Intel Corp. plans to unveil a version of its Xeon processor on Wednesday that’s designed for high-end servers with multiple processors — setting the stage for a showdown with rival Advanced Micro Devices Inc.’s upcoming quad-core Barcelona chip.
The Xeon 7300 chips, called Tigerton, are the first quad-core processors from Intel designed to be used in servers with four or more processors, a relatively small but lucrative segment of the server market. Previously, the Xeon processor for this segment of the market had two cores, despite the availability of quad-core Xeon chips for single-processor and two-way servers.
The new chips offer significantly better performance compared to their predecessors, Intel’s Xeon 5300 chips, said Adesh Gupta, regional platform architecture manager at Intel Asia-Pacific’s Server Platforms Group.
“Across the spectrum of different applications, we’re seeing really, really good performance,” Gupta said.
Benchmarks run by Intel showed significant gains for many enterprise applications, including SAP AG’s ERP (enterprise resource planning) software, Gupta said. The 7300 series chips can handle roughly 82 percent more ERP users and 92 percent more database transactions than the 5300 chips, he said.
The 7300 is part of the Caneland chip package, which also includes Intel’s 7300 chipset, known as Clarksboro. The new chipset has four 1,066MHz interconnects that are linked to an individual processor, helping reduce latency between the processors and main memory.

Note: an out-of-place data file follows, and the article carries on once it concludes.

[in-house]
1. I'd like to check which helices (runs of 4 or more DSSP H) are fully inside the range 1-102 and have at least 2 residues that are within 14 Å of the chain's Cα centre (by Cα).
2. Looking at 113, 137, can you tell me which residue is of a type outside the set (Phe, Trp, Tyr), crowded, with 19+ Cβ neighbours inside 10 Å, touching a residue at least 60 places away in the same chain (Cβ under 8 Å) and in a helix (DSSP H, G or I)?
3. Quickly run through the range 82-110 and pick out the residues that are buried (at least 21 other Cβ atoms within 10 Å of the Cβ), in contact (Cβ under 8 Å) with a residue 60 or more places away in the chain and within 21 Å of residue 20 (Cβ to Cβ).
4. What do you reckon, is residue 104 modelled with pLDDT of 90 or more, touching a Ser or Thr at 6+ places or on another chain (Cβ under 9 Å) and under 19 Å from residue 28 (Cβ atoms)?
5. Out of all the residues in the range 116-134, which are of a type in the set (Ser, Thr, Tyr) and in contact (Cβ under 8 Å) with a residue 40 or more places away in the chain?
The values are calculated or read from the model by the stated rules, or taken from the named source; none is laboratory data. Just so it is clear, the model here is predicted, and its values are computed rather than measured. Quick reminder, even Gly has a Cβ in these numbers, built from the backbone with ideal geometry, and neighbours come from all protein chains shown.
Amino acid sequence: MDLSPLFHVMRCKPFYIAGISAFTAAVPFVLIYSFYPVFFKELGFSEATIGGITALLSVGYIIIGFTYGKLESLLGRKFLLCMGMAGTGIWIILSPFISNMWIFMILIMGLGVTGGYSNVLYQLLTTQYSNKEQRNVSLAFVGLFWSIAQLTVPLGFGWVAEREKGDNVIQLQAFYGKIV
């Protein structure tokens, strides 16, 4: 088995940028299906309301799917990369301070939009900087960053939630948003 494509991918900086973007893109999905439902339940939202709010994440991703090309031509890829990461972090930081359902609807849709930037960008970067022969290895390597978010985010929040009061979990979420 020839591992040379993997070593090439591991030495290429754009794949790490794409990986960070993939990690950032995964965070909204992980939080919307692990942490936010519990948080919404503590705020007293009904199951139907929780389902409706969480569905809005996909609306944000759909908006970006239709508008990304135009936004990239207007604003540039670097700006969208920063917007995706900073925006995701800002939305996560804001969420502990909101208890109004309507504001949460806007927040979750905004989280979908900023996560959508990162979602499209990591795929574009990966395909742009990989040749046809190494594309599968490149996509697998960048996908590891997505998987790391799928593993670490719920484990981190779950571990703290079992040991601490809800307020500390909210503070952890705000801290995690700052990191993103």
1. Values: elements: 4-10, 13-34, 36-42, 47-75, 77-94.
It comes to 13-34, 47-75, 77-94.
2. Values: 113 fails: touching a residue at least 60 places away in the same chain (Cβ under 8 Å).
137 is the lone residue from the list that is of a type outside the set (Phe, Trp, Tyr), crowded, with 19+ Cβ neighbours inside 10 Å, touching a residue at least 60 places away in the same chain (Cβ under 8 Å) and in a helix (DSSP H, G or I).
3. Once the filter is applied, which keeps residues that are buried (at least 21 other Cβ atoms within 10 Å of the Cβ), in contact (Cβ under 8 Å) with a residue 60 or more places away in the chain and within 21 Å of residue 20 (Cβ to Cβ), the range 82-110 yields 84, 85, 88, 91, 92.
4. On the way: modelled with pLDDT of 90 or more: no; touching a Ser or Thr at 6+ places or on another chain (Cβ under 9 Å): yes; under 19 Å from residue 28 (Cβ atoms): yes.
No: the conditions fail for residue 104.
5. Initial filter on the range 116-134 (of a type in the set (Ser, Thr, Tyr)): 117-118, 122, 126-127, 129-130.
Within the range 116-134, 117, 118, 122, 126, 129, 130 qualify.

Caneland is the last release expected from Intel before AMD announces the availability of its Barcelona server chips on Sept. 10. Barcelona is widely expected to offer significant performance increases over AMD’s existing dual-core server chips, and should mean tighter competition with Intel in the server space.
Intel will initially offer six versions of Tigerton. At the top of the range is the X7350, a 2.93GHz chip designed with 8M bytes of shared on-chip cache and a thermal design power (TDP) of 130 watts. TDP is the highest sustainable level of power for applications that Intel expects to be run on the chip, and the number describes how much heat a system must be able to dissipate from the chip.
Intel is also offering several Xeon 7300 chips with a TDP of 80 watts. The E7340 runs at 2.4GHz and offers 8M bytes of shared on-chip cache. The E7330 also runs at 2.4GHz, but has 6M bytes of cache. The E7320 and E7310 both have 4M bytes of shared cache and run at clock speeds of 2.13GHz and 1.6GHz, respectively.
Intel will also release a 50-watt version that runs at 1.86GHz. The L7345 has 8M bytes of shared on-chip cache and is designed for blade servers and high-density rack servers.
Two dual-core versions of the Tigerton chip, the E7220 and E7210, will also be available, running at speeds of 2.93GHz and 2.4GHz with a TDP of 80 watts. Both chips have a shared on-chip cache of 8M bytes and are designed for high-performance computing applications.
Tigerton’s improved performance doesn’t come cheap. The processors are priced from US$856 to $2,301 per chip in 1,000-unit quantities, a standard measure of processor pricing.
The 7300 will also be the last server chip announced by Intel, before its upcoming Penryn chips are made available later this year. Made using a 45-nanometer process that will allow more cache to be put on each chip, the first Penryn server chips are expected to be released in November. Those chips are intended for use in single-processor and two-way servers. The Penryn server chip for multiple-processor servers is called Dunnington and will not be available until late 2008, Gupta said.